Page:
Divorce and Will forgery

It was a forged Will. But the Court denied this man’s claim against it.


Divorces are shark-infested waters at the best of times. However, when it comes to the splitting of assets where an inheritance is involved, they can be real bloodbaths.

Matrimonial courts have broad discretion in what they can use as evidence of the wealth available to either divorcing spouse, including past inheritances and trust funds. Although it is unusual to include prospective inheritances, it can happen when the bequest is likely to be considerable and the testator’s death is imminent. In this case, the couple themselves had agreed on what inheritances would be divisible between them.

Mrs Randall had divorced from her husband. In their divorce settlement it had been agreed that if Mrs Corrall, Mrs Randall’s mother, bequeathed to her daughter more than £100,000, anything above that would be split with Mr Randall. Mrs Corrall died in 2013, leaving exactly £100,000 to her daughter, Mrs Randall, and the residue to grandchildren.

Upon death they discovered that Mrs Corrall’s Will gave the estate in the manner described above, leaving nothing whatsoever to Mr Randall. He consequently challenged the validity of the Will, presuming that this division of the estate was simply too perfect in frustrating his expectations. Curiously the High Court, despite agreeing that the facts did indeed indicate that the Will was a forgery, decided to deny Mr Randall’s claim because he had insufficient “standing” to challenge the Will. This was because he was a creditor of his ex-wife, and not of the deceased or a beneficiary. As such the Court said that Mr Randall was not a suitable person to make a claim. He naturally challenged the decision.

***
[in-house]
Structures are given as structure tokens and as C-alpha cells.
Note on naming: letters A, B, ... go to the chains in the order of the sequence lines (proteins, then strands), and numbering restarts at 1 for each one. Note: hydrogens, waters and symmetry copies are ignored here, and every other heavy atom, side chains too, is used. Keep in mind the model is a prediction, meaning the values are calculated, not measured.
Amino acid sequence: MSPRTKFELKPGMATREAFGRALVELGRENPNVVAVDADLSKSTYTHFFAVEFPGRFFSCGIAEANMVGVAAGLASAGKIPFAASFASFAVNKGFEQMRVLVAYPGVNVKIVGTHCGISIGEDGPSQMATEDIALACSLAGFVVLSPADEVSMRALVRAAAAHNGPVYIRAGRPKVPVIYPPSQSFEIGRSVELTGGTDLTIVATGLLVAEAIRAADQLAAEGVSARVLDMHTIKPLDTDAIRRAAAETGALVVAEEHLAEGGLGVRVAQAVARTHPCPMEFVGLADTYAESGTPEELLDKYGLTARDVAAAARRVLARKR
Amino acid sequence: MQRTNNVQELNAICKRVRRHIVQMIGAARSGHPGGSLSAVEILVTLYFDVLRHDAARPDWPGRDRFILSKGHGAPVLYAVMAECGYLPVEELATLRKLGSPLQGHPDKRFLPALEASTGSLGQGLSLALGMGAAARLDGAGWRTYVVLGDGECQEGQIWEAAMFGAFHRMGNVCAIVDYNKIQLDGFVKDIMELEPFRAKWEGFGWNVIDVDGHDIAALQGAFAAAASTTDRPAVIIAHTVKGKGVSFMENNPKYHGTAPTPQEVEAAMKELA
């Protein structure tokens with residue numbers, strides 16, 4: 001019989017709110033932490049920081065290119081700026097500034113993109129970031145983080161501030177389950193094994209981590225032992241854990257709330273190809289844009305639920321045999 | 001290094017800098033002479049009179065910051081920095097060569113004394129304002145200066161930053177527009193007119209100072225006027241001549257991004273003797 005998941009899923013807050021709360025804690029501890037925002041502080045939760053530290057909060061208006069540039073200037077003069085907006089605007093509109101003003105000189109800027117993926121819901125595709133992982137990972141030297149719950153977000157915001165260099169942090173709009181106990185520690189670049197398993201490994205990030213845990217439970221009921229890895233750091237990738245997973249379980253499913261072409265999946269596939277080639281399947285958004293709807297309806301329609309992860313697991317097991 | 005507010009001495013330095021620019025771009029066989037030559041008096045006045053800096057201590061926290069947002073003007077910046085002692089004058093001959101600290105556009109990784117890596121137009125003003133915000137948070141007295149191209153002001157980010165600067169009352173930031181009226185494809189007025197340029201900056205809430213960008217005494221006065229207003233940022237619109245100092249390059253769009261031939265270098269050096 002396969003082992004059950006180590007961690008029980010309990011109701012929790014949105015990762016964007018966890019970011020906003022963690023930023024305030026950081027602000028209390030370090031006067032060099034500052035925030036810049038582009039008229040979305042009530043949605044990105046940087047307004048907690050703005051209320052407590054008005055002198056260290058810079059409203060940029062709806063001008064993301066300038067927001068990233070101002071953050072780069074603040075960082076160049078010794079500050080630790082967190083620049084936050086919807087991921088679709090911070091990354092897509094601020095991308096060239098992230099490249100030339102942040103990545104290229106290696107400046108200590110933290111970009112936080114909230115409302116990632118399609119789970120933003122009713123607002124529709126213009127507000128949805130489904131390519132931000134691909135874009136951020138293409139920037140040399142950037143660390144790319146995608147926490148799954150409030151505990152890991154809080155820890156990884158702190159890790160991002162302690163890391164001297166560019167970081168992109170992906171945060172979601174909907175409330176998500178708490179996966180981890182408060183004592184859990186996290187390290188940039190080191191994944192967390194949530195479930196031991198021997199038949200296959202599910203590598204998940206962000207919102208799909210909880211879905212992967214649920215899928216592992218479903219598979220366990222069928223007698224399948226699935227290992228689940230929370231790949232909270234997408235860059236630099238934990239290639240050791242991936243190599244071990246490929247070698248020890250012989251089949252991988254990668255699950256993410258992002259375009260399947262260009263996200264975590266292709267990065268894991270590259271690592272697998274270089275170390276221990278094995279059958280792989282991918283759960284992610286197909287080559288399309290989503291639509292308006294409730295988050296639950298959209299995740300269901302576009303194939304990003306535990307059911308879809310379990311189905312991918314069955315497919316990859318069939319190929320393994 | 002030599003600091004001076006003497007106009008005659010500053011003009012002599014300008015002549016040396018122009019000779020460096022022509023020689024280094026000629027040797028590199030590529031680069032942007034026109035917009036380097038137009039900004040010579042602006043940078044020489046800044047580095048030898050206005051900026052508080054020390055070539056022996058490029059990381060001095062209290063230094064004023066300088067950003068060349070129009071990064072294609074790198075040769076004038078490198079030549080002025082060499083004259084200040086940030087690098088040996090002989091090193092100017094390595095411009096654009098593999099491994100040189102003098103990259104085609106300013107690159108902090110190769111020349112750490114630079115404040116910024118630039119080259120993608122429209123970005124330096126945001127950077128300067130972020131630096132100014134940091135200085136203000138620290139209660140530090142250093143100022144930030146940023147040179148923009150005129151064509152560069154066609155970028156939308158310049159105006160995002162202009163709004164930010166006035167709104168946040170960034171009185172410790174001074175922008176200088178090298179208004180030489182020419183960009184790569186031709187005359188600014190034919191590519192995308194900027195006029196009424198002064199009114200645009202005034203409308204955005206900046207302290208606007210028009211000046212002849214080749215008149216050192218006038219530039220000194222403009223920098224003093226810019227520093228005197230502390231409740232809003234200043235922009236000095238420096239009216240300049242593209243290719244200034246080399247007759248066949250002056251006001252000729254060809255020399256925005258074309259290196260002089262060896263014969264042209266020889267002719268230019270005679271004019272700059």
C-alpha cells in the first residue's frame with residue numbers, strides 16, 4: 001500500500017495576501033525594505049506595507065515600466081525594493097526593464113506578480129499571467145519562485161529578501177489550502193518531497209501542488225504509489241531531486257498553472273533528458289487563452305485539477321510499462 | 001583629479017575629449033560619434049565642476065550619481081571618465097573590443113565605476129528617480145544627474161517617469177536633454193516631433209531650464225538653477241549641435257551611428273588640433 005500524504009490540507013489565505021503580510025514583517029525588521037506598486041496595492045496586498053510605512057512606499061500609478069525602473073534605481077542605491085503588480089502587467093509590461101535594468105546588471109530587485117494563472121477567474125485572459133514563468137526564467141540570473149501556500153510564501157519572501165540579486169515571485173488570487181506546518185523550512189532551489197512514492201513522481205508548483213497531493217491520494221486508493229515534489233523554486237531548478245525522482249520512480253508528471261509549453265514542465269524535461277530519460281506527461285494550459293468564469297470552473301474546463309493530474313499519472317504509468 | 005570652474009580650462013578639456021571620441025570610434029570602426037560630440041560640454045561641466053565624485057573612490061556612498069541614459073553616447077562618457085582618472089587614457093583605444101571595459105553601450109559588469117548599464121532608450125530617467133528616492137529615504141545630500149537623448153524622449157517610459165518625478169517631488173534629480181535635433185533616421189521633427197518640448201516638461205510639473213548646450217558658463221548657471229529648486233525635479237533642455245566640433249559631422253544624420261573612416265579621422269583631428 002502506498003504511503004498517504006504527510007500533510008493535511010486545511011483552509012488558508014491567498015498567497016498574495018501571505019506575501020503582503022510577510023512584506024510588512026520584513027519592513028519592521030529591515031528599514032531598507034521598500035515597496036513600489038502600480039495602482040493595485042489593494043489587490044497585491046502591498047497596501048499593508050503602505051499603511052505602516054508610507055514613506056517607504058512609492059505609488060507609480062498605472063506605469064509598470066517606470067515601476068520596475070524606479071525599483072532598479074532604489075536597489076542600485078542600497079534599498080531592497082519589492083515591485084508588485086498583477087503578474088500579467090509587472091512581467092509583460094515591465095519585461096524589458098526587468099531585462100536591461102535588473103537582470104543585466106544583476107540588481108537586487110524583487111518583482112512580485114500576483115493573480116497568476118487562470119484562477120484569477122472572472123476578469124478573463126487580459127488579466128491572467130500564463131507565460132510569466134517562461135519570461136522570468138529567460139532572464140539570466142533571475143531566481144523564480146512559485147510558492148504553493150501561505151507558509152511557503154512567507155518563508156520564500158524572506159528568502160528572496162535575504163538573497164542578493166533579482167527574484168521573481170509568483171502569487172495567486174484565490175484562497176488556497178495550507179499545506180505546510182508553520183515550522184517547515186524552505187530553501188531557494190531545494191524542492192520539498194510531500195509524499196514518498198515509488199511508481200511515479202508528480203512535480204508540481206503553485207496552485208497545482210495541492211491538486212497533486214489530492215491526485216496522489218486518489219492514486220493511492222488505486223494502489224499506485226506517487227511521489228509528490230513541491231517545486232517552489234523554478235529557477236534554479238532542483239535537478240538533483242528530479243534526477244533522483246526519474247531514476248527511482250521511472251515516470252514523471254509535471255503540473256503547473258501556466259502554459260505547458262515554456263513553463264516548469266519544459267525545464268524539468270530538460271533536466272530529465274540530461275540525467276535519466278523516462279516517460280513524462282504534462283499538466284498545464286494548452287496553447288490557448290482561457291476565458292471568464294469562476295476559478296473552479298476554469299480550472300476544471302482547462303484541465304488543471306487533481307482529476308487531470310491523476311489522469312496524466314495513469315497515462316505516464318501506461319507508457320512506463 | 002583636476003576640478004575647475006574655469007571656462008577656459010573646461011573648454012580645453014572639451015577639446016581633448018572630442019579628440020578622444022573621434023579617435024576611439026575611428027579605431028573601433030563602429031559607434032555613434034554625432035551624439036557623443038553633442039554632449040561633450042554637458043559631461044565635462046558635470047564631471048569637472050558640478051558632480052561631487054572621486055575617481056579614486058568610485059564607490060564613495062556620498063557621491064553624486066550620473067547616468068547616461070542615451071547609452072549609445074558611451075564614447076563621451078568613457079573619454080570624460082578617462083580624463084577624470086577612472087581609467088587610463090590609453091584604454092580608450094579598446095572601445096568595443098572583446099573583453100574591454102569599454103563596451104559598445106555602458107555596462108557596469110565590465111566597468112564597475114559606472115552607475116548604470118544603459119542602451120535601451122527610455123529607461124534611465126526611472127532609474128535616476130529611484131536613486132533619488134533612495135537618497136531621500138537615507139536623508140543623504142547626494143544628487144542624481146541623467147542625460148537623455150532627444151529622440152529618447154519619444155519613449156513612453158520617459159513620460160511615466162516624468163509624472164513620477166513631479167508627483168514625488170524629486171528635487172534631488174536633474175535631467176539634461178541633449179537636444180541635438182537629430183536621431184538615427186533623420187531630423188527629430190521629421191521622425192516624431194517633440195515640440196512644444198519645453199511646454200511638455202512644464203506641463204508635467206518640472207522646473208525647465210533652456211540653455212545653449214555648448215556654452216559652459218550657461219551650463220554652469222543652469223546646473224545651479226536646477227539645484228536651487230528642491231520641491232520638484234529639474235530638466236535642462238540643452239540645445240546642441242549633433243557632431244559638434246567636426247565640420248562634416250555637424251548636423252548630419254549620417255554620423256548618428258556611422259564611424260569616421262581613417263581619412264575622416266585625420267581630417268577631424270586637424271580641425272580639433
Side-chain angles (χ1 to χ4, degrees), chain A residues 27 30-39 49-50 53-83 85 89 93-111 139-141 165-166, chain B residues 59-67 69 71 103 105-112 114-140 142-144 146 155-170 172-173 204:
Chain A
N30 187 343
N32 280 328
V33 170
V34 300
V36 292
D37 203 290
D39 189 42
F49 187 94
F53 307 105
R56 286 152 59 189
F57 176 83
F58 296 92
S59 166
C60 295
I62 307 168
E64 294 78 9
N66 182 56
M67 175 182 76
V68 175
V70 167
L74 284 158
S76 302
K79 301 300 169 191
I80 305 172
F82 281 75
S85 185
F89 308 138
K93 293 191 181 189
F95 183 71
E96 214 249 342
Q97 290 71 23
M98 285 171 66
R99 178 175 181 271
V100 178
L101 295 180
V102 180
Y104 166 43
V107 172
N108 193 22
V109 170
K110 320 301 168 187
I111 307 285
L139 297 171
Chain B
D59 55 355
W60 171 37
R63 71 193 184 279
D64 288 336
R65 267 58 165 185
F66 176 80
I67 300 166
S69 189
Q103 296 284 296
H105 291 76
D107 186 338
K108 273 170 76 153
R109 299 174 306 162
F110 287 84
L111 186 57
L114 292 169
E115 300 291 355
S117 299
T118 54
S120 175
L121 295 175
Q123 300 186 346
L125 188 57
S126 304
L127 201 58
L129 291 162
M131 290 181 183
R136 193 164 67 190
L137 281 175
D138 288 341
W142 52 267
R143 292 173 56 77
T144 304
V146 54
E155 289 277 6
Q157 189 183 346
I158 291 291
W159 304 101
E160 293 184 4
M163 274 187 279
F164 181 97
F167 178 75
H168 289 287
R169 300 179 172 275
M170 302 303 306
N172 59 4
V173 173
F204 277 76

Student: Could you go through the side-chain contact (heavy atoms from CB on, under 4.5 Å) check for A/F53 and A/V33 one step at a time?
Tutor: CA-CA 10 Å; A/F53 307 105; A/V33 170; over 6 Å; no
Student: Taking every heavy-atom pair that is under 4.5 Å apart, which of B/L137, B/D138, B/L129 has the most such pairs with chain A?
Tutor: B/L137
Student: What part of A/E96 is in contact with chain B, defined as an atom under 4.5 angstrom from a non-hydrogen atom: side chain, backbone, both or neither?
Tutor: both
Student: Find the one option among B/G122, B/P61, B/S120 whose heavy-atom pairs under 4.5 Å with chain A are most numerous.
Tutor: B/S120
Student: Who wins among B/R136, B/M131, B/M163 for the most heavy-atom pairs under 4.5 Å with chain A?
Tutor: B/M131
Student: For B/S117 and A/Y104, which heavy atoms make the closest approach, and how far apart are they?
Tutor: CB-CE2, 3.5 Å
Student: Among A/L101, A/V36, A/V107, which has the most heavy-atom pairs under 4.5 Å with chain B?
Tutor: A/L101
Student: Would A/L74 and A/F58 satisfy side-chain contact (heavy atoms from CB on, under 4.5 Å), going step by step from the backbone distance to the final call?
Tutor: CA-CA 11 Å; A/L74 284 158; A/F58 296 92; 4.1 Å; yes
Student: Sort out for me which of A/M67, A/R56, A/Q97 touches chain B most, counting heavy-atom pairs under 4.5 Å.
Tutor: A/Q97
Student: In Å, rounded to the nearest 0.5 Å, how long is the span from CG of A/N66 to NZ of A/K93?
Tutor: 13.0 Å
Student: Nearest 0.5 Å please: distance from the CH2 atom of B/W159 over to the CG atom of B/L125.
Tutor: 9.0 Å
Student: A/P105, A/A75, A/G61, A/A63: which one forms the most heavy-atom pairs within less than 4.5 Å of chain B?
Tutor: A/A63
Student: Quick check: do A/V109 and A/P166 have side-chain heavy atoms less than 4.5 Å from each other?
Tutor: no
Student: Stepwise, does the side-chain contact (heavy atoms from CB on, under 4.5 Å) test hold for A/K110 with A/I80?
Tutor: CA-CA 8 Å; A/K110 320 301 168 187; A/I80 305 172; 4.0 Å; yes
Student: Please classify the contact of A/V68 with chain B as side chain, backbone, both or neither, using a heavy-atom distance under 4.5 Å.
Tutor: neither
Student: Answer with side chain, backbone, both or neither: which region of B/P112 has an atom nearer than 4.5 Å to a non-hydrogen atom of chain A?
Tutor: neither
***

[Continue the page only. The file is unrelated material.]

The Court of Appeal did indeed grant Mr Randall standing. They accepted that family members and creditors are among those entitled to challenge a Will’s validity, and that it would be a miscarriage of justice for Mrs Randall and the grandchildren (who were the only persons able to revoke the proven Will) could prosper from a suspicious Will simply because the rules of “standing” meant that nobody else could place a legal challenge against it. It was decided that ‘justice in the general sense’ allowed Mr Randall to proceed with his claim. No previous case had ruled decisively on this precise question of standing. Mr Randall, after all, evidently had an interest in the question of the Will’s validity.

So: even those who are not, and never have been, beneficiaries of the Will may challenge its validity. Beware thwarted exes.

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